Thousands more women are reducing their cervical cancer risk thanks to their amazing response to the new human papillomavirus self-test being trialed at Local Doctors clinics.
Tāmaki Health regional nursing clinical lead Alysha Clark says nearly 4,000 human papillomavirus (HPV) self-tests have been completed through the Local Doctors clinics involved. More than half were done at the Dawson Road clinic alone.
“This is almost 4,000 women who have probably never had the traditional smear test and out of that we have identified a few at risk women,” Alysha says.
She says this a big step forward to addressing inequitable health outcomes for patients, particularly the high rates of cervical cancer in Māori and Pasifika women.
“All healthcare staff want better outcomes for patients and this offers it. The self-tests can find someone’s mum, nana or sister who does have HPV present and goes on to need treatment.
“You are not only changing the life of the woman, but everyone else who surrounds them. I think that’s what’s important for nurses, because they’re able to offer something that is going to really benefit the patient and their whānau.”
Game changing test makes everything easier
Initially women are quite shocked at how a test that was once quite traumatic for them could now be so easy, she says.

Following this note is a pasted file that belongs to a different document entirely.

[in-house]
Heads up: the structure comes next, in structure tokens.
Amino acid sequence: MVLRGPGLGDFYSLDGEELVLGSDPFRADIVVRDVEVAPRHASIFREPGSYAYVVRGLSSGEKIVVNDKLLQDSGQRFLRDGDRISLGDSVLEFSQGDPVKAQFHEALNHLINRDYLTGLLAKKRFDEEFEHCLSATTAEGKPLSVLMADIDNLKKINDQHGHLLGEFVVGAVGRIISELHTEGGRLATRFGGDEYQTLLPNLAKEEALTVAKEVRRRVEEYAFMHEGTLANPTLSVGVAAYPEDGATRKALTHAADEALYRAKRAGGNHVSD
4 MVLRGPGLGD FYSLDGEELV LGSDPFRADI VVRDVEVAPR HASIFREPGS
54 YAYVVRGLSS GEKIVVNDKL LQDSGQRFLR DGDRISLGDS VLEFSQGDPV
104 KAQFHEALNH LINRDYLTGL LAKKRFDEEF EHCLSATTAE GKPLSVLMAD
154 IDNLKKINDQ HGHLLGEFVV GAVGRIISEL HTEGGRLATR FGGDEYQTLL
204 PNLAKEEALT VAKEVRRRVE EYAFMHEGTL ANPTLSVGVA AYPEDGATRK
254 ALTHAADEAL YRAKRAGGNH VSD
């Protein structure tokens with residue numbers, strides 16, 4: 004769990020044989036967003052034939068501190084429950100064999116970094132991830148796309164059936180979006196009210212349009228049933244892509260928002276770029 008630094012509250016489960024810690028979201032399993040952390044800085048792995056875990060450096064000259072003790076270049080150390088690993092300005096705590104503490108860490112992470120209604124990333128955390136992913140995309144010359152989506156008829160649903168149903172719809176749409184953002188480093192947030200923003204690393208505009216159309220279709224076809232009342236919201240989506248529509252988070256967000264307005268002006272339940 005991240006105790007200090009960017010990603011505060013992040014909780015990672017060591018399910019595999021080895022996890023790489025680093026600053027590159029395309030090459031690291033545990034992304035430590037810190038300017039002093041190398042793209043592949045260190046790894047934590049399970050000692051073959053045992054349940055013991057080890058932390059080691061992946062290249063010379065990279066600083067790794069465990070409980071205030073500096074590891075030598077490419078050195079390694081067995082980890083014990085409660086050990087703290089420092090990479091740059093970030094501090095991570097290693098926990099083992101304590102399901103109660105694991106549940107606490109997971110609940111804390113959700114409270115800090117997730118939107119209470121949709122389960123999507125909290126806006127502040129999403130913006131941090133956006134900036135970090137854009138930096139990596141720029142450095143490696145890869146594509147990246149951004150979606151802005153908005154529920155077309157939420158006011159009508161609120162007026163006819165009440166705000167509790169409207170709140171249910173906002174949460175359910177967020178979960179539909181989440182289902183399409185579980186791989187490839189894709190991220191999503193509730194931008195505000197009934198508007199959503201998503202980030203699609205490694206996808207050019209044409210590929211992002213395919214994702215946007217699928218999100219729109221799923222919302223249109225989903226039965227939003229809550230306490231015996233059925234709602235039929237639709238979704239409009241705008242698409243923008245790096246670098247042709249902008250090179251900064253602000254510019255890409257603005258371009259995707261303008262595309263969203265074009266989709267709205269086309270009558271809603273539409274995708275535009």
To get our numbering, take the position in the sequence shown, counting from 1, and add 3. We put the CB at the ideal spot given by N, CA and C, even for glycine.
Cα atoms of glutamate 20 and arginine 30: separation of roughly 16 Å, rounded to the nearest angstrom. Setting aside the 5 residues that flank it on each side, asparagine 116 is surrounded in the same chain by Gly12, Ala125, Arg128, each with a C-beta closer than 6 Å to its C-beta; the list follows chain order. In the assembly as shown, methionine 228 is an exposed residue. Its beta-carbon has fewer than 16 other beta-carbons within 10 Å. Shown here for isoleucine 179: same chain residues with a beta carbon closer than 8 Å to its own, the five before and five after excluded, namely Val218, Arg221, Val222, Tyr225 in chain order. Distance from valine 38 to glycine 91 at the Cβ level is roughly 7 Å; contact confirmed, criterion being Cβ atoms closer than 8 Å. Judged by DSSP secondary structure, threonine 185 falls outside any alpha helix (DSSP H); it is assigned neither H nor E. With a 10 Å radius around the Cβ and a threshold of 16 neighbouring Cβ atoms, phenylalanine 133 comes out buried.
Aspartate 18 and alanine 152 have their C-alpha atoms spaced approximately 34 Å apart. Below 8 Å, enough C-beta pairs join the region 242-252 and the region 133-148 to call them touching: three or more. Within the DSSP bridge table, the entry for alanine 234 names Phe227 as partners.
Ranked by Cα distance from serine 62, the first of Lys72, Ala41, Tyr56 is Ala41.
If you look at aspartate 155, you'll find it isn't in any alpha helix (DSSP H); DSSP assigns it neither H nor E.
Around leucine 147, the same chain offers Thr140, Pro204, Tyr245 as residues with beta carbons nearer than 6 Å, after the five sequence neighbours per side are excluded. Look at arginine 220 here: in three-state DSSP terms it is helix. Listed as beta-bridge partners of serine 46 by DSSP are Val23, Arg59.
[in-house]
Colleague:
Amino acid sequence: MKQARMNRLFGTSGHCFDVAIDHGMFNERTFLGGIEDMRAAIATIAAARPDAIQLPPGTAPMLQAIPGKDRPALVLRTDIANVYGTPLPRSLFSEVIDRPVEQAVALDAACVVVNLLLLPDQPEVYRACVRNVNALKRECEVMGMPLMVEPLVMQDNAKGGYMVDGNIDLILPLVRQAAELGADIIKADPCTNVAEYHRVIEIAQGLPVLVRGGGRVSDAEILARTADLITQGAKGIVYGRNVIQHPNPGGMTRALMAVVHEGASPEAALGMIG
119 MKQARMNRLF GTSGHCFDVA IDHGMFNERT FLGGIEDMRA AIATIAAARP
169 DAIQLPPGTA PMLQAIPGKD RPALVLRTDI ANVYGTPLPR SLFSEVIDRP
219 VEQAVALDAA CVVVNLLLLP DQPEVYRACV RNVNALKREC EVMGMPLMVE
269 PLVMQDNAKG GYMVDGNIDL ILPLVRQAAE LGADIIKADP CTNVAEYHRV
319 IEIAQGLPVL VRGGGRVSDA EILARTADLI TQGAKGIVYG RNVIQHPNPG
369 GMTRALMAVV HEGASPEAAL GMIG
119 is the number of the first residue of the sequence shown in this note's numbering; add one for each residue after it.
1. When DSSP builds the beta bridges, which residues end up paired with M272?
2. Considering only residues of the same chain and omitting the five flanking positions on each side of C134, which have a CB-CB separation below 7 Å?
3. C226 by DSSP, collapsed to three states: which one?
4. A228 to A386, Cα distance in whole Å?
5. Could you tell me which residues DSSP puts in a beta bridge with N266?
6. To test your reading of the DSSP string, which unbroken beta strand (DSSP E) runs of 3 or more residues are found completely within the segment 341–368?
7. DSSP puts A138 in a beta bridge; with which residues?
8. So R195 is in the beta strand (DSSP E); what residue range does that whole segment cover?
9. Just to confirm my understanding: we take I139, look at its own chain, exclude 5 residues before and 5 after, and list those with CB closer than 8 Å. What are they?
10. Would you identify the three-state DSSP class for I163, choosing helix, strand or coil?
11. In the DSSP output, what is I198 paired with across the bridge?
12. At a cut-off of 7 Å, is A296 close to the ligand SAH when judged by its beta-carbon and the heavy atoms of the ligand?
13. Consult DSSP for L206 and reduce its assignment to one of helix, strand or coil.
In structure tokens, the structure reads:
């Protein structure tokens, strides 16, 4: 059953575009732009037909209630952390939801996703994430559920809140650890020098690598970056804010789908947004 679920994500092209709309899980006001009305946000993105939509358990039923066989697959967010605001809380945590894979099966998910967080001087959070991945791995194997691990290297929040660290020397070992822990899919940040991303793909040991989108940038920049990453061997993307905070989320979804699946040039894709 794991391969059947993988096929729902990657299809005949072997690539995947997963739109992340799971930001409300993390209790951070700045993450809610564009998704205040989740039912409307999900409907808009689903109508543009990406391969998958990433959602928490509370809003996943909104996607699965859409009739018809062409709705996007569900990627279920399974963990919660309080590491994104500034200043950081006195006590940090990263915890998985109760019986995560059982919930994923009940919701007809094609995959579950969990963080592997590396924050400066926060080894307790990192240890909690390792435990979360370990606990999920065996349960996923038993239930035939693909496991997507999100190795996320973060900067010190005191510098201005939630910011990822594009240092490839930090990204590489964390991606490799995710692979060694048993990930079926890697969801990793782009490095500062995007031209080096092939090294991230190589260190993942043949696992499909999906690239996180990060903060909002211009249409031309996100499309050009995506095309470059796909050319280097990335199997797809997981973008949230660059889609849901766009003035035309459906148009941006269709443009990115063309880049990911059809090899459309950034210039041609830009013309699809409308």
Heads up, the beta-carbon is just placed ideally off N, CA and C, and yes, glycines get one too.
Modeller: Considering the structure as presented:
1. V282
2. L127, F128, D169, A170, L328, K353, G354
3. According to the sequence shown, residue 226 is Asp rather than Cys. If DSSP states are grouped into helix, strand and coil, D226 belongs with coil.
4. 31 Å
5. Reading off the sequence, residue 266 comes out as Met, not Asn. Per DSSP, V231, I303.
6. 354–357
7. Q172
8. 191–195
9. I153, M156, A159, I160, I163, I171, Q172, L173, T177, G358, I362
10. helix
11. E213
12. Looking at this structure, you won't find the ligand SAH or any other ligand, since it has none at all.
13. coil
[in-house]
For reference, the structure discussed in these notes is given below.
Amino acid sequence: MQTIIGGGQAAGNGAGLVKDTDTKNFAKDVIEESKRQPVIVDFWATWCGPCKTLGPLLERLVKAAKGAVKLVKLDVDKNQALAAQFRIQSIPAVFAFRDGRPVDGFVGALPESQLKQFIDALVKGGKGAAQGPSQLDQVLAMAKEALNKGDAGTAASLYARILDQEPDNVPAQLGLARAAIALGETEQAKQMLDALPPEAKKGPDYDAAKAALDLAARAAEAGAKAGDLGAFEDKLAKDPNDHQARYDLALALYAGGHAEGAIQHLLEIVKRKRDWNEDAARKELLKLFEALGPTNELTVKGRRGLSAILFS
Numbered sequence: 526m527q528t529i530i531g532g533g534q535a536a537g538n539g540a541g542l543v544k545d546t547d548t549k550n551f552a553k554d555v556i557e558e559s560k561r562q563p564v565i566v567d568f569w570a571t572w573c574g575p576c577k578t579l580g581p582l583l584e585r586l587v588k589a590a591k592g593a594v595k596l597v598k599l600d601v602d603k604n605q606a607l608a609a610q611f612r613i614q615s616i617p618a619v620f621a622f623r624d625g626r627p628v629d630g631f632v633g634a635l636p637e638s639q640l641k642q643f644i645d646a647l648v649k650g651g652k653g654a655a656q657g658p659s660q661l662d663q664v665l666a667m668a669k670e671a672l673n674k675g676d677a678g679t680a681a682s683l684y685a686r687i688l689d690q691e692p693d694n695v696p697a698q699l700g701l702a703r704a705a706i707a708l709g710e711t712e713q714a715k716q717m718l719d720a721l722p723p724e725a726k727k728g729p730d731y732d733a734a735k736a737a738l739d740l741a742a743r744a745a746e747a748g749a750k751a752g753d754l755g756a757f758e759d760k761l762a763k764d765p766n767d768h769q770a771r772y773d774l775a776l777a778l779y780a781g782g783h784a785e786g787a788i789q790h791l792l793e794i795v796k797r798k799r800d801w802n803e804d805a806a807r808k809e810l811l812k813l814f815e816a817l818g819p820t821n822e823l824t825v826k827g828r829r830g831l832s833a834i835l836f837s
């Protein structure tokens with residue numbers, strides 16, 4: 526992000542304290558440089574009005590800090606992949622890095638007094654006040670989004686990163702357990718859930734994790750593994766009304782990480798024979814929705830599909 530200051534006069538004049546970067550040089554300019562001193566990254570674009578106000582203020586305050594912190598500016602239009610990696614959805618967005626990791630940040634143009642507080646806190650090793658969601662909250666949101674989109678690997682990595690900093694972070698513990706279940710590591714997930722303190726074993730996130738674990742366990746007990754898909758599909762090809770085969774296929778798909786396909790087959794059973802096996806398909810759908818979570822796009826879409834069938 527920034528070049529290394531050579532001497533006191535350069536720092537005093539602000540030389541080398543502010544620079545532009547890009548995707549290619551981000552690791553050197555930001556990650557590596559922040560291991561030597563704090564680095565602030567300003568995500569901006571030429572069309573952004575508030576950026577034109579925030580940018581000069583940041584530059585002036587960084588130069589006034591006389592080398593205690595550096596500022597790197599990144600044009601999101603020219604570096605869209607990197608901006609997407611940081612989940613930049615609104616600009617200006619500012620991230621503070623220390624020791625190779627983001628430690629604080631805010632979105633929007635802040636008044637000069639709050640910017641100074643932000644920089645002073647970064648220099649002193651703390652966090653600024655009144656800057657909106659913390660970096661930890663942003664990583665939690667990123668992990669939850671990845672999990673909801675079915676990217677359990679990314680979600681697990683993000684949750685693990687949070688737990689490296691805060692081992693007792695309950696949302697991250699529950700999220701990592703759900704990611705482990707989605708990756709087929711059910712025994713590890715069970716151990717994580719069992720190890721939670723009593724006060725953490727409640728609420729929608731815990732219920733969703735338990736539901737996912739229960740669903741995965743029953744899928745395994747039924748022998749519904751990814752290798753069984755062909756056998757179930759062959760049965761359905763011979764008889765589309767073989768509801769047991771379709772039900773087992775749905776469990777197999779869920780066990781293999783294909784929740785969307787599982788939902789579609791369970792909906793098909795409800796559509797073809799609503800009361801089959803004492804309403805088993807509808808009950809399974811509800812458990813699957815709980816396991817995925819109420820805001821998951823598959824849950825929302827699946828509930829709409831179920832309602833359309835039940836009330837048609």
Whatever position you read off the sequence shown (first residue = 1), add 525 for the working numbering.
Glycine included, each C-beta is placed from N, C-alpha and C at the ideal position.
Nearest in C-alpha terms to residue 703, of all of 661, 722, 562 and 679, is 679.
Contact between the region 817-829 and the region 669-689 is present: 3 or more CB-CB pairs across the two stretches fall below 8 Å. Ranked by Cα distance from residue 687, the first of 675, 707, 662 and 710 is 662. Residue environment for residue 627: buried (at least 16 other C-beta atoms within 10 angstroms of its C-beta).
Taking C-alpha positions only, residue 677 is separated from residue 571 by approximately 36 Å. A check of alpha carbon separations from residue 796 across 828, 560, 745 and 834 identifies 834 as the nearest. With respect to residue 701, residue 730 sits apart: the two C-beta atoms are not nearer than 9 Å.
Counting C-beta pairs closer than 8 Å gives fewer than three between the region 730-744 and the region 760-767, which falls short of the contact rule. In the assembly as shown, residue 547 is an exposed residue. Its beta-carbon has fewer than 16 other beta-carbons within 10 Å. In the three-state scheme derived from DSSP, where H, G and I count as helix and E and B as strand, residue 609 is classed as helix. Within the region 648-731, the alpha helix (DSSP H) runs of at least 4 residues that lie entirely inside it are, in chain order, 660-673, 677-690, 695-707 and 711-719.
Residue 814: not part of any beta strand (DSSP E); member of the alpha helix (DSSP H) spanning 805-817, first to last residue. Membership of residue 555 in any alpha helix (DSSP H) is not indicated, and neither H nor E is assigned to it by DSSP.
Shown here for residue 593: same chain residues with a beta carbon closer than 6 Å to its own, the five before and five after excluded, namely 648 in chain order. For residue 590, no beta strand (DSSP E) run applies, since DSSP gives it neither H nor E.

“Even I’m like how do you change from using a speculum to something like a cotton bud? It’s great!”
Women can do the self-test, using a small swab, in the clinic or take it home and drop it back to the clinic. For some women being able to do the test at home is the extra incentive they need to agree to it.
It’s hard to get women to agree to traditional smear tests opportunistically during clinic visits but it’s far easier with the self-tests, she says.
Boost to HPV vaccination awareness
Conversations nursing staff have with women about HPV testing is also reinforcing the importance of HPV vaccination.
“Some women don’t know that HPV is one of the primary causes of cervical cancer so we’re providing a lot of education about that.”
Alysha says the slightly longer waiting time to get results from self-testing is far outweighed by the easier testing method.
The accuracy of the test is improved because there is a lower chance of false positives, she says. Traditional testing can falsely identify abnormal cells leading to unnecessary further treatment.
Alysha is pleased to see to that self-testing will be an option offered to all women from 12 September when primary testing for cervical cancer changes to the HPV test.
(Pictured is: Tāmaki Health regional nursing clinical lead Alysha Clark , second from top left, with some of the nurses from Local Doctors Dawson. The clinic staff are top performers in getting women to try HPV self-tests.)